Google gender-discrimination suit by three women tossed out

A lawsuit by three female former Google employees claiming the tech giant paid women less than men has been dismissed, but may reappear in a different form.

The women — Kelly Ellis, Holly Pease and Kelli Wisuri — filed suit in September, alleging Google had a “sexist culture” and systematically discriminated against women by segregating them into lower-paying jobs and career tracks, while men with equivalent qualifications leaped ahead.

Google, which is also facing a federal probe over alleged underpayment of women, has consistently denied paying women less than men, and says its own annual analysis shows no gap in pay between the genders.

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Now, a California state court judge has thrown out the lawsuit because in seeking class-action status, it cast too wide a net, according to a new report.

The plaintiffs had sought to include in the suit all women employed by Google during the previous four years. But San Francisco Superior Court Judge Mary Wiss said Dec. 4 that the legal action was inappropriate because it attempted to cover all the female employees during that time period, Reuters reported Dec. 6.

Wiss gave the three women 30 days to file a new complaint “on behalf of only those women who faced pay discrimination,” according to Reuters.

“Wiss said the plaintiffs’ claims were vague, and that they must show how specific groups of women were affected by Google’s pay policies.”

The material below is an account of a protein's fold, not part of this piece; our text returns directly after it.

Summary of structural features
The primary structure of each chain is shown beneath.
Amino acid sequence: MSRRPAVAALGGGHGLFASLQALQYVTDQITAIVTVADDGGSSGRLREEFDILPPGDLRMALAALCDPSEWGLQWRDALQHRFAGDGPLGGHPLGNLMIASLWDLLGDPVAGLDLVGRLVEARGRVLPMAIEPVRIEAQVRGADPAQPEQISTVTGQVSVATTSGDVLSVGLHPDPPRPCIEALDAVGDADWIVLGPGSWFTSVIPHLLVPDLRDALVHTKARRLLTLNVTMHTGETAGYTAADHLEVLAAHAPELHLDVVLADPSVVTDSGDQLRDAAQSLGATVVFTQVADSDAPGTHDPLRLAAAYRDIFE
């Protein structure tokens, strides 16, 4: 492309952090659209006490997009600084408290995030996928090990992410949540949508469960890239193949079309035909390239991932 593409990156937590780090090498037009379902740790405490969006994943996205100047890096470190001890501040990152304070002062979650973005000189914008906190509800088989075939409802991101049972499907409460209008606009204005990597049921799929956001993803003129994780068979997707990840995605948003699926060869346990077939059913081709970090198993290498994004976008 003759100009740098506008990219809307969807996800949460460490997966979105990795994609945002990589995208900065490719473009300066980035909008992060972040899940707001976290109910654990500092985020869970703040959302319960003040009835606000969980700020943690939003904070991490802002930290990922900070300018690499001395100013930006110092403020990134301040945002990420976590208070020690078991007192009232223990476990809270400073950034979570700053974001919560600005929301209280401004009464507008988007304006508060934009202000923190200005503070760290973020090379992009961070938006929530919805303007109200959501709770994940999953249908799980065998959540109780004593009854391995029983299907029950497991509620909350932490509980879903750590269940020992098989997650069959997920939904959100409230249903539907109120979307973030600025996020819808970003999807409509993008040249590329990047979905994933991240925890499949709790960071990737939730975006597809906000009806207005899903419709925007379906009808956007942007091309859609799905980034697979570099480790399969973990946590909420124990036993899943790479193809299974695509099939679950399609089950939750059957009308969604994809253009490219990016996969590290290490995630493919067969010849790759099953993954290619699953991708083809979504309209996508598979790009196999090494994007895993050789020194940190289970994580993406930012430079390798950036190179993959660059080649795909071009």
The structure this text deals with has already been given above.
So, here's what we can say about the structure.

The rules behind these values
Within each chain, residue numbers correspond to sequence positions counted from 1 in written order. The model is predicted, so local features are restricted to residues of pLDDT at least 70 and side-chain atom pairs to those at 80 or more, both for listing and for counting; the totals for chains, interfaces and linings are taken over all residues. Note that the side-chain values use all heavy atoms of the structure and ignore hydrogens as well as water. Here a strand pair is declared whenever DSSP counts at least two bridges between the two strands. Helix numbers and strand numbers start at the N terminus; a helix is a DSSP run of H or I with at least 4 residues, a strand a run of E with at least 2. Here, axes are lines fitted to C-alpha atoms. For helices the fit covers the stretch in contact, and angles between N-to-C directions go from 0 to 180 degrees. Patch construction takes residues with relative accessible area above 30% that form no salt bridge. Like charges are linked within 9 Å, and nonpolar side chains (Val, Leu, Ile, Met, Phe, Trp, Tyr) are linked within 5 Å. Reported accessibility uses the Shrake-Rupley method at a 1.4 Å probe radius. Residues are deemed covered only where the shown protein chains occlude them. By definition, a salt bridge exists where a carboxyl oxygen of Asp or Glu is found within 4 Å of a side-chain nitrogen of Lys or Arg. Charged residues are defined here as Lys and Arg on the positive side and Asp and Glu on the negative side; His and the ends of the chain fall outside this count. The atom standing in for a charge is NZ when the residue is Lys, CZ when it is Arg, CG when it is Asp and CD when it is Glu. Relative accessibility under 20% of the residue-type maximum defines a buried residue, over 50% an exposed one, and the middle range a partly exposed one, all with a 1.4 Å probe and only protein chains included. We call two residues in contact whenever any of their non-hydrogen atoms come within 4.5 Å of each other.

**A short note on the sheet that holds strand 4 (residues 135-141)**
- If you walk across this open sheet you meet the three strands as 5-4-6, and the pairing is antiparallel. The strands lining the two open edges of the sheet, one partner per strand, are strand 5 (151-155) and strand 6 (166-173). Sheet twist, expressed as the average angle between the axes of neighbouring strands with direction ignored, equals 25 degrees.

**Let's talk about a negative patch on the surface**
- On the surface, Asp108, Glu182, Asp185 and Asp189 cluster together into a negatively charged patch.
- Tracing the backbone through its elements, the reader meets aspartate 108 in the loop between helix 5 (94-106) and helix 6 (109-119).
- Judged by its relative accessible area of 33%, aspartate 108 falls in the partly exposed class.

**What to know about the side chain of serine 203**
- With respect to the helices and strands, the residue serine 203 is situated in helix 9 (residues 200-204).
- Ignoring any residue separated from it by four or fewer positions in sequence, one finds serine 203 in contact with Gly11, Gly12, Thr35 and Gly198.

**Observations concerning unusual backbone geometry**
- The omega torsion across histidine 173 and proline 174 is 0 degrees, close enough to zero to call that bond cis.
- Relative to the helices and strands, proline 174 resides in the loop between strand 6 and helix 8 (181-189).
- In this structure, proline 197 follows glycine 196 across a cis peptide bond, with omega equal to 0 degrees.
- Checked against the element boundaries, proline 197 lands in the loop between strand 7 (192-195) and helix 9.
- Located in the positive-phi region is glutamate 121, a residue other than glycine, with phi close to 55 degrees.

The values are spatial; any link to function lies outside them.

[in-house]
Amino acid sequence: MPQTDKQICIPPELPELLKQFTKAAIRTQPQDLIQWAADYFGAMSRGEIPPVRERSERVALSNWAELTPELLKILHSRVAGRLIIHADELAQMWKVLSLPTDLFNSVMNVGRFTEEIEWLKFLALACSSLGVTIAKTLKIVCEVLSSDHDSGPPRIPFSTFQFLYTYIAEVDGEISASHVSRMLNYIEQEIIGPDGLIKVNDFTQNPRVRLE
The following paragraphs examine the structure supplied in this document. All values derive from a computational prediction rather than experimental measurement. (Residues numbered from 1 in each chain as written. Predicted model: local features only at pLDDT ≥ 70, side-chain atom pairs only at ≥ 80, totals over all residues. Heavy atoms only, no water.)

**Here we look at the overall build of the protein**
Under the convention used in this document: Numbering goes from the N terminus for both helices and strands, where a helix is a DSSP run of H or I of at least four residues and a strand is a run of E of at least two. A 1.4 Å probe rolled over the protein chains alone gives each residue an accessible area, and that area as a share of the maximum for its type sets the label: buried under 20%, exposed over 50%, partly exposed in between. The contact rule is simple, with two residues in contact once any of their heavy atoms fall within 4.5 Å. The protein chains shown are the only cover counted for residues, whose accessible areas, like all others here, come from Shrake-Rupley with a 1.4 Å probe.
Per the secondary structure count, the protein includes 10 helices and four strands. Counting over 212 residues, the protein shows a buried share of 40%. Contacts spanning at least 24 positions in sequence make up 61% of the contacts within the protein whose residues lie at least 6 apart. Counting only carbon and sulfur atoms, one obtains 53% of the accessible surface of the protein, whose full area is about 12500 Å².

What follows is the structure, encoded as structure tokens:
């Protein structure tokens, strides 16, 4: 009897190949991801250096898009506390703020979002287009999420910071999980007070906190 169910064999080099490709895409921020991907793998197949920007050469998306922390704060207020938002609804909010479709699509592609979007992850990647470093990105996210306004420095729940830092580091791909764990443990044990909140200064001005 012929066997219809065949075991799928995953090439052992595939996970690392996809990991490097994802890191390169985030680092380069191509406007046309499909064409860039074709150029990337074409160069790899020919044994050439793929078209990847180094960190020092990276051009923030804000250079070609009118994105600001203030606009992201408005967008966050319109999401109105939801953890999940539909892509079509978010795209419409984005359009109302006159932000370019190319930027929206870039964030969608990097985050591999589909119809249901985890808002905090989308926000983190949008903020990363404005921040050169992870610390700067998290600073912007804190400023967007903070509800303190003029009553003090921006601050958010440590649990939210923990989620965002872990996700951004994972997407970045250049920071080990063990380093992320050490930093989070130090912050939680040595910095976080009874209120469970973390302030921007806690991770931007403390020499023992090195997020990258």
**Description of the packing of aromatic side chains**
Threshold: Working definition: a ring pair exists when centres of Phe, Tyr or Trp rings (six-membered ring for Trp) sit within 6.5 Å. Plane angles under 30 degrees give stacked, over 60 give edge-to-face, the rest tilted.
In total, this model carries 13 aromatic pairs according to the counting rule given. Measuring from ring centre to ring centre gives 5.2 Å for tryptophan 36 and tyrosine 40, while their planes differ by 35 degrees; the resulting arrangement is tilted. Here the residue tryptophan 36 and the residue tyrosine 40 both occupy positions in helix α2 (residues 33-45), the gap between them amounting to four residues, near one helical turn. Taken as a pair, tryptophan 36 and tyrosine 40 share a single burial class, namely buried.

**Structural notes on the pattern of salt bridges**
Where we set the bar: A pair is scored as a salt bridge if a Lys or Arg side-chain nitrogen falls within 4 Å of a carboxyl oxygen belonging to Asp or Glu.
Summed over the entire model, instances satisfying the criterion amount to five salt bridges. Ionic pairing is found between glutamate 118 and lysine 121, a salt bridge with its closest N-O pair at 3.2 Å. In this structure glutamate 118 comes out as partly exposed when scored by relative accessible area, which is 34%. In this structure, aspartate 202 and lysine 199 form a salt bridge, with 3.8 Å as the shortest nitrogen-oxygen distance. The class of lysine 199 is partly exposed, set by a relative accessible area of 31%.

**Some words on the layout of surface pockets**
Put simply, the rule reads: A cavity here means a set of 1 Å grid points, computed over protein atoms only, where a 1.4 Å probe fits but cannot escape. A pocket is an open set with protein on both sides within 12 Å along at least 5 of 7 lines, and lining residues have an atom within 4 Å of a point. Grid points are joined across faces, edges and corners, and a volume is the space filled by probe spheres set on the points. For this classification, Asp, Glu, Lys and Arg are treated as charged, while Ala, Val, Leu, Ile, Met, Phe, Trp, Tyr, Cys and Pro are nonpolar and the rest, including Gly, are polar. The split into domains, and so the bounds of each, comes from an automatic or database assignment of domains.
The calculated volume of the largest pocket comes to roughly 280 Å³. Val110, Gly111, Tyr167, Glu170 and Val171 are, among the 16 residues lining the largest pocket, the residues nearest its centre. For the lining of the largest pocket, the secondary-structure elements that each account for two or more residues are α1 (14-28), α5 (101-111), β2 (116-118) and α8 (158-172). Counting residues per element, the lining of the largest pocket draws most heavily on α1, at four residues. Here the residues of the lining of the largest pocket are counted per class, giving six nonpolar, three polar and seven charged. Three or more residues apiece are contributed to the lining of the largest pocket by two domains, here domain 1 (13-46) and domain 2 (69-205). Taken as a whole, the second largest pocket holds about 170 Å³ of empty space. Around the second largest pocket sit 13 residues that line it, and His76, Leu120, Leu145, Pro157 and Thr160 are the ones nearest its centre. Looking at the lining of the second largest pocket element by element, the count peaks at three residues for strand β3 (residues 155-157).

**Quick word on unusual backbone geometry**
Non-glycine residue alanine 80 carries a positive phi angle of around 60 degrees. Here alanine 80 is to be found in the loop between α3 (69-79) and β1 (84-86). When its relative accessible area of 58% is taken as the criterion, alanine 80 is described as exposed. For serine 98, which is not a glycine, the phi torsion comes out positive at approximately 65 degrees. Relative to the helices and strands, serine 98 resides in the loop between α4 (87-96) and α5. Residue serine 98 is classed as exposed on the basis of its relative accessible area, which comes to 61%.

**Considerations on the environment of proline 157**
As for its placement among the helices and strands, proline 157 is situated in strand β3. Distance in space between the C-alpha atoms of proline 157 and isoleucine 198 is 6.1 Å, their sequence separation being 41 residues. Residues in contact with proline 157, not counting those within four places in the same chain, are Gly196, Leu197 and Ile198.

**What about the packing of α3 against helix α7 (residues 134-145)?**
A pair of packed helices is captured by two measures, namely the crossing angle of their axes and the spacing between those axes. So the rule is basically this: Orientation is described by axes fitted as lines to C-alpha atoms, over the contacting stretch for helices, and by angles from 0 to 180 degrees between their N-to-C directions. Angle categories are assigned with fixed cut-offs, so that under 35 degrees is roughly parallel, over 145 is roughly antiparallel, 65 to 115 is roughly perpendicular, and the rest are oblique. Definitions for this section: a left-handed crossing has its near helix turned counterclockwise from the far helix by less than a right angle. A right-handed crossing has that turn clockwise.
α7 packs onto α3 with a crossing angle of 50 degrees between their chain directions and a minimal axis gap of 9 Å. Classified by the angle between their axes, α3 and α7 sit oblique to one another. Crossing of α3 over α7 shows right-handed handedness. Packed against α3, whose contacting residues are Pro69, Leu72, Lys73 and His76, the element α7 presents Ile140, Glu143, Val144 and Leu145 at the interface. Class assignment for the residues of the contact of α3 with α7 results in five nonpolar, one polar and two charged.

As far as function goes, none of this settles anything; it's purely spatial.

The judge also said two of the three plaintiffs hadn’t shown that they did comparable work to men who were allegedly paid more, Reuters reported.

Google spokeswoman Gina Scigliano, in response to the judge’s ruling, said, “We work really hard to create a great workplace for everyone, and to give everyone the chance to thrive here. If we ever see individual discrepancies or problems, we work to fix them.”

James Finberg, lawyer for the women, said they would file a new complaint by early January that “makes clear that Google violates the California Equal Pay Act … by paying women less than men for substantially equal work in nearly every job classification,” according to Reuters.

For plaintiff Ellis, a former senior software engineer, the lawsuit was not the first time she’d gone after Google on gender issues. In 2015, she tweeted that she had suffered sexual harassment at the firm. After harassment by one of her superiors, she complained to the company, but instead of investigating her claim, Google reprimanded her, Ellis alleged. Google did not immediately respond to a request for comment on that claim by Ellis.

On Dec. 6, after Time magazine named as “Person of the Year” the “silence breakers” of the #MeToo movement against sexual harassment and abuse of women, Ellis tweeted out some dissatisfaction with the cover photo of five women.

“I’ve got to say that while I’m happy #MeToo is Time’s person of the year, there’s a certain bitterness,” Ellis tweeted. “I came forward about harassment in tech before there was a movement and was not lauded, but harassed. Where’s my cover?”


Photo: Google CEO Sundar Pichai meets with Aditi Panwar, 10, of San Jose, left, Asmi Sawant,10, center, of San Jose, and Aadya Batra,9, right , of San Jose, during the ” Made with Code,” event, a program by Google to teach computer science to girls in Mountain View, Calif., on Thursday, August 10, 2017. (JosieLepe/Bay Area News Group)


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